(CN) – California businesses cannot ask customers for their ZIP codes, the state Supreme Court ruled.
Jessica Pineda sued Williams-Sonoma over an incident that took place at the company’s home-furnishings and cookware store in 2008.
Pineda claimed that the company used her ZIP code and credit card information to add her to its mailing list for marketing purposes.
The trial court and state court of appeals ruled in favor of Williams-Sonoma, deciding that a ZIP code does not constitute “personal identifying information” as defined by the Song-Beverly Credit Card Act of 1971.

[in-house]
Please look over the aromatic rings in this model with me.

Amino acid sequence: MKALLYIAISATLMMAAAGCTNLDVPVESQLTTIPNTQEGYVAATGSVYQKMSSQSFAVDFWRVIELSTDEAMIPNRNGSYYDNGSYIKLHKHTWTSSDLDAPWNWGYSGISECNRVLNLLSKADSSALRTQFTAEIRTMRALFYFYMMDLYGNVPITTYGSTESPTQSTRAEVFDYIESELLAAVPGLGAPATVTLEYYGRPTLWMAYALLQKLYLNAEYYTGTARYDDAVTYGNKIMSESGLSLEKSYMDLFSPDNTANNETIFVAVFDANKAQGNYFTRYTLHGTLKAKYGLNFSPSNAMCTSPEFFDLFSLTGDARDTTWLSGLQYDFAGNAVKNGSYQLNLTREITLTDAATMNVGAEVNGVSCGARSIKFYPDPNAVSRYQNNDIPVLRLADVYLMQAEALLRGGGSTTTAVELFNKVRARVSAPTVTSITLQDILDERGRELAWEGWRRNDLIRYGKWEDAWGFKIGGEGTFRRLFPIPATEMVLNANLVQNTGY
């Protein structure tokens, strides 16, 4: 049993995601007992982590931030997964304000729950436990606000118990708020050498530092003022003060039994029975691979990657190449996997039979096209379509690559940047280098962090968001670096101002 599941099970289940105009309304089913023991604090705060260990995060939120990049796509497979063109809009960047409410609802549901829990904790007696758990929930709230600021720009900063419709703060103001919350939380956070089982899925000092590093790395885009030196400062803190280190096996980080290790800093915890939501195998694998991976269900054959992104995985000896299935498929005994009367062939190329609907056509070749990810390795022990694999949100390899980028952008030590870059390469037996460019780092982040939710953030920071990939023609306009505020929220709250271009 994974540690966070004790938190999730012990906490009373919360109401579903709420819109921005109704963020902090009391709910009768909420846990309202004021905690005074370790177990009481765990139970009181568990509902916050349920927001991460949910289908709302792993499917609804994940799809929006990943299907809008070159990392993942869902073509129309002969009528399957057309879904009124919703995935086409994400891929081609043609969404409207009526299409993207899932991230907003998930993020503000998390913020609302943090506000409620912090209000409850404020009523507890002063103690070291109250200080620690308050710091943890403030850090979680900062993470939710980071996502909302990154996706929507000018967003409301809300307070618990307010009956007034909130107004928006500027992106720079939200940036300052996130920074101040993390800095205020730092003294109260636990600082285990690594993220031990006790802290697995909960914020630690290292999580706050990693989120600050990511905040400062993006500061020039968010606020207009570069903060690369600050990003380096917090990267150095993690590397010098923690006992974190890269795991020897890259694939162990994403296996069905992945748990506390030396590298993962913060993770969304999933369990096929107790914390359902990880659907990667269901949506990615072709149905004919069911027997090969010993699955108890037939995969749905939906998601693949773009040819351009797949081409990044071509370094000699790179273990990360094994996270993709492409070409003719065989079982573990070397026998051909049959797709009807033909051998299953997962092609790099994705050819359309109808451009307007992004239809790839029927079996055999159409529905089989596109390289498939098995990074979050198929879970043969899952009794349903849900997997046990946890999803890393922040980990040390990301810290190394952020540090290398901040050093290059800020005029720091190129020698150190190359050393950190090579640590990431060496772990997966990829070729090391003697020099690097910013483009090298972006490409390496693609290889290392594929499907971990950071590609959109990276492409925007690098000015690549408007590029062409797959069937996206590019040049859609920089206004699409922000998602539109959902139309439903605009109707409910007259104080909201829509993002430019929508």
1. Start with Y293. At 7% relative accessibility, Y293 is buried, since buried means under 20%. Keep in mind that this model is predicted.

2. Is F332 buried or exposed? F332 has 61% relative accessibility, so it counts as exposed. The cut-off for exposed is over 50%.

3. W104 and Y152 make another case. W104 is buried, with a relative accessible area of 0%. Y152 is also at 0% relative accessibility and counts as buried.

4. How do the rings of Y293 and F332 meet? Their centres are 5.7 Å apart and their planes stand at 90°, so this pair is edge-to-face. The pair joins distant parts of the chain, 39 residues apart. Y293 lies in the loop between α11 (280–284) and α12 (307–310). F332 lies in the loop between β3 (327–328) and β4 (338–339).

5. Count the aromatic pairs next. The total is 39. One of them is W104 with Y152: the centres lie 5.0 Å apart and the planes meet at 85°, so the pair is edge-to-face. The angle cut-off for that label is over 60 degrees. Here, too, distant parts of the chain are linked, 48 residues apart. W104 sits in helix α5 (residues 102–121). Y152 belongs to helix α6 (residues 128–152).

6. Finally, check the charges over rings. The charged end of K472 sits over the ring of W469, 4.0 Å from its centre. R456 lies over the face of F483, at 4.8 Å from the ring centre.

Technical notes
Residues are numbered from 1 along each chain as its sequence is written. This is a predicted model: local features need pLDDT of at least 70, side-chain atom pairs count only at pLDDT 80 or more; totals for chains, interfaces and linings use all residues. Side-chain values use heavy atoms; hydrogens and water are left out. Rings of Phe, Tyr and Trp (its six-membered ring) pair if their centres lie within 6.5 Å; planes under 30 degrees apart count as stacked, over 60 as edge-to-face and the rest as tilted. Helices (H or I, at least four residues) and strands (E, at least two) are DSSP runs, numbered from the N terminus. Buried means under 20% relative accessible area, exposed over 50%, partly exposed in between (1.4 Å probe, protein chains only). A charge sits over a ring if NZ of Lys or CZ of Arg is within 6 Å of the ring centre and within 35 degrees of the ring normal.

But the California Supreme Court overturned the decision on Thursday, finding that ZIP codes are personal identifying information under the act since they are part of addresses, which is named in the law.
“When one addresses a letter to another person, a ZIP code is always included,” Justice Carlos Moreno wrote on behalf the court. “Otherwise, a business could ask not just for the cardholder’s ZIP code, but also for the cardholder’s street and city in addition to the ZIP code, so long as it did not also ask for the house number.”
The court remanded the case for further proceedings.
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